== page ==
In the spring of 1793, peasants and farmers in the Vendée region of western France took up arms against the National Convention. Never much interested in the revolution, they were appalled by the revolutionary government’s treatment of both the king and the church. The Vendée uprising became the largest and best known counter-revolutionary movement of the French Revolution. It had some success but was eventually crushed by government troops in late 1793.
The Vendée is a département in western France, south of the Loire River and on the Atlantic coastline. In March 1793, provincial residents in the Vendée, most of whom were never much interested with the Paris-based revolution or its ideas, took up arms against the National Convention.
There were many reasons for this uprising but chief among them were rising land taxes, the national government’s attacks on the church, the execution of Louis XVI, the expansion of the revolutionary war and the introduction of conscription.
The people of the Vendée would pay a heavy price for their resistance. The government’s response was swift and triggered an internecine war in the region. The fight for control of the Vendée lasted three years and produced violence and mass killing that left the Parisian Terror in its wake. Sorokin suggests a conservative death toll of 58,000 but the real loss of life in the Vendée in 1793-96 may well be closer to 200,000.
Causes of counter-revolution
Viewed retrospectively, the Vendée region had all the ingredients for the development of counter-revolutionary sentiment.
Located almost 300 miles from Paris, several days’ travel in the 1700s, it was distant and disconnected from events in the capital. The Vendée was almost entirely rural, with just a few towns and no major cities. The vast majority of Vendeans were relatively successful peasant farmers; their living conditions were better than those of their counterparts in northern France.
The Vendée peasants were not as bitterly affected by the harvest failures and bitter winter of 1788-89. They enjoyed a comparatively better relationship with the First Estate; unlike elsewhere in France, the noblemen of the Vendée remained on their estates and did not act as absentee landlords.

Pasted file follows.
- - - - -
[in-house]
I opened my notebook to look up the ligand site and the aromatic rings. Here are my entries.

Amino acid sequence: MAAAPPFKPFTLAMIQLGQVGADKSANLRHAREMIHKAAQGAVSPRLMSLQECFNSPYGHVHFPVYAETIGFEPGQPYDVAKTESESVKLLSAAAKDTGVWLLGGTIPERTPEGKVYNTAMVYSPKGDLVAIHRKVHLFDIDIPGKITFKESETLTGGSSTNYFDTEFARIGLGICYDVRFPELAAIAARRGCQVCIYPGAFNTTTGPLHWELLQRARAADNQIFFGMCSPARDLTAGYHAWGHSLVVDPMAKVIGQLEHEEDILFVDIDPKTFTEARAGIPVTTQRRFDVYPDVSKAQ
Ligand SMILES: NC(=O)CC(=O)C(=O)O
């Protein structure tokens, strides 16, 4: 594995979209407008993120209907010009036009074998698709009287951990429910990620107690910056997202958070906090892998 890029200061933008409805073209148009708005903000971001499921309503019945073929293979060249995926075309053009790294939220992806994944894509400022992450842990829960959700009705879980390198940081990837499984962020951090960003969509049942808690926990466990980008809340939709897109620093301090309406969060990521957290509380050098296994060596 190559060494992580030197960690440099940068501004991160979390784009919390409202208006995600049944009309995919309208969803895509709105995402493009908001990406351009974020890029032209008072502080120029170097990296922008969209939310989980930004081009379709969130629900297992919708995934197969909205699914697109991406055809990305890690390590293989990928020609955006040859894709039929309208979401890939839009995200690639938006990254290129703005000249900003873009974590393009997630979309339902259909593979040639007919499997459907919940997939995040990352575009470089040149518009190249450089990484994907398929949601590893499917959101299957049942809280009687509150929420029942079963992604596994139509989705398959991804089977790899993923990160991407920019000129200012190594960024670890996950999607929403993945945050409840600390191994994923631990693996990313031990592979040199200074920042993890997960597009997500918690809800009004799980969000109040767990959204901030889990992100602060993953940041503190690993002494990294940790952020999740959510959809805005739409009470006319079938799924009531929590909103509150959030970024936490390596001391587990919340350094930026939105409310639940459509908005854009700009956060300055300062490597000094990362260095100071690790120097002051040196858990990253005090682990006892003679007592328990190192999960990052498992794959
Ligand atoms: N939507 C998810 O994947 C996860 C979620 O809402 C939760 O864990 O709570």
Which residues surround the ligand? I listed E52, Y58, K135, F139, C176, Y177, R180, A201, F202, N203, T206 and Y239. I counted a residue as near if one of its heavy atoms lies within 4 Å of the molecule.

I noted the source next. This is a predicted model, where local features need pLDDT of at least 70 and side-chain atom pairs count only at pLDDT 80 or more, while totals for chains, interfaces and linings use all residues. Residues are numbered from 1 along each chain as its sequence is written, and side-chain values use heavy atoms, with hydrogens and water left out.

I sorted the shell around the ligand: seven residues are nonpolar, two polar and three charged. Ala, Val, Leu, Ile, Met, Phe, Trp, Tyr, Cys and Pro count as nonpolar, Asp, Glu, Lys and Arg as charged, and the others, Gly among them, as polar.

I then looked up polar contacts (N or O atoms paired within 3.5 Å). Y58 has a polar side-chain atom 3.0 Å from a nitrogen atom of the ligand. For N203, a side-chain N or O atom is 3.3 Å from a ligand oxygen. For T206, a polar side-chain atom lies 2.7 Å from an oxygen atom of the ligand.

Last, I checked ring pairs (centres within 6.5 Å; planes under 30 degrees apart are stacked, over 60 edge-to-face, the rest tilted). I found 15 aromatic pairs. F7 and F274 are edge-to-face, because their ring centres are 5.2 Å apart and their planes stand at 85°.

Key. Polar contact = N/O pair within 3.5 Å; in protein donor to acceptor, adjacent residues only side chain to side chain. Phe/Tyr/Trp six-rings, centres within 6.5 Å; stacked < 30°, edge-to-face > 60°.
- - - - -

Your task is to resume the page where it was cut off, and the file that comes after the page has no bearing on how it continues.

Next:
Perhaps most significantly, the citizens of the Vendée were devoutly religious and dependent on their local parish and clergy.
Attitudes in the Vendée
The attitude of Vendeans to the French Revolution can be seen in their participation, or rather their lack of it, during the Great Fear. The peasants of the Vendée expressed lukewarm support for feudal reform in the cahiers but did not mobilise during the panic of July-August 1789. There were few reports of unrest in the Vendée and no chateaux were burned.
The events of 1790 further alienated the Vendeans from the revolution. Food policies determined in Paris had a detrimental impact in rural areas, where market prices slumped. Despite this, taxes were not lowered and in some rural areas, they actually increased.
A more pressing issue in the Vendée was the National Constituent Assembly’s attacks on the church. The Civil Constitution of the Clergy was widely resisted in the western provinces, where most of the priests refused to take the oath and were backed by their parishioners. The arrival of government officials and constitutional priests in the Vendée in 1791 and 1792 was often met with violent resistance, albeit on a small scale.
The seeds of rebellion
The Vendée uprising began with small steps but escalated quickly. The trigger points were the execution of Louis XVI (January 1793), then the following months’ National Convention’s Levee des 300,000 hommes, an order demanding 300,000 additional military recruits from the provinces.
This combination of regicide and conscription tipped Vendée peasants from localised resistance into full-scale counter-revolution. As the winter snows thawed, small bands of Vendean peasants participated in minor but provocative attacks on symbols of the republican government. Département officials, juring priests and Republican sympathisers were insulted, beaten, driven out of the region or murdered.
In mid-March, a local hawker named Jacques Cathelineau organised a group of peasants and seized weapons in Jallais. Cathelineau’s men spent the next three months clearing the region of Republican soldiers and officials.
In Beaupréau a local peasant militia elected a former cavalry officer, Louis d’Elbée, to lead them. Under his command they captured Chemillé in April; after this victory d’Elbée prevented the slaughter of several hundred Republican prisoners by reciting the Lord’s Prayer. Another significant leader was Jean-Nicolas Stofflet, a gamekeeper and former private in the Swiss Guard, who became a general in the Vendean army.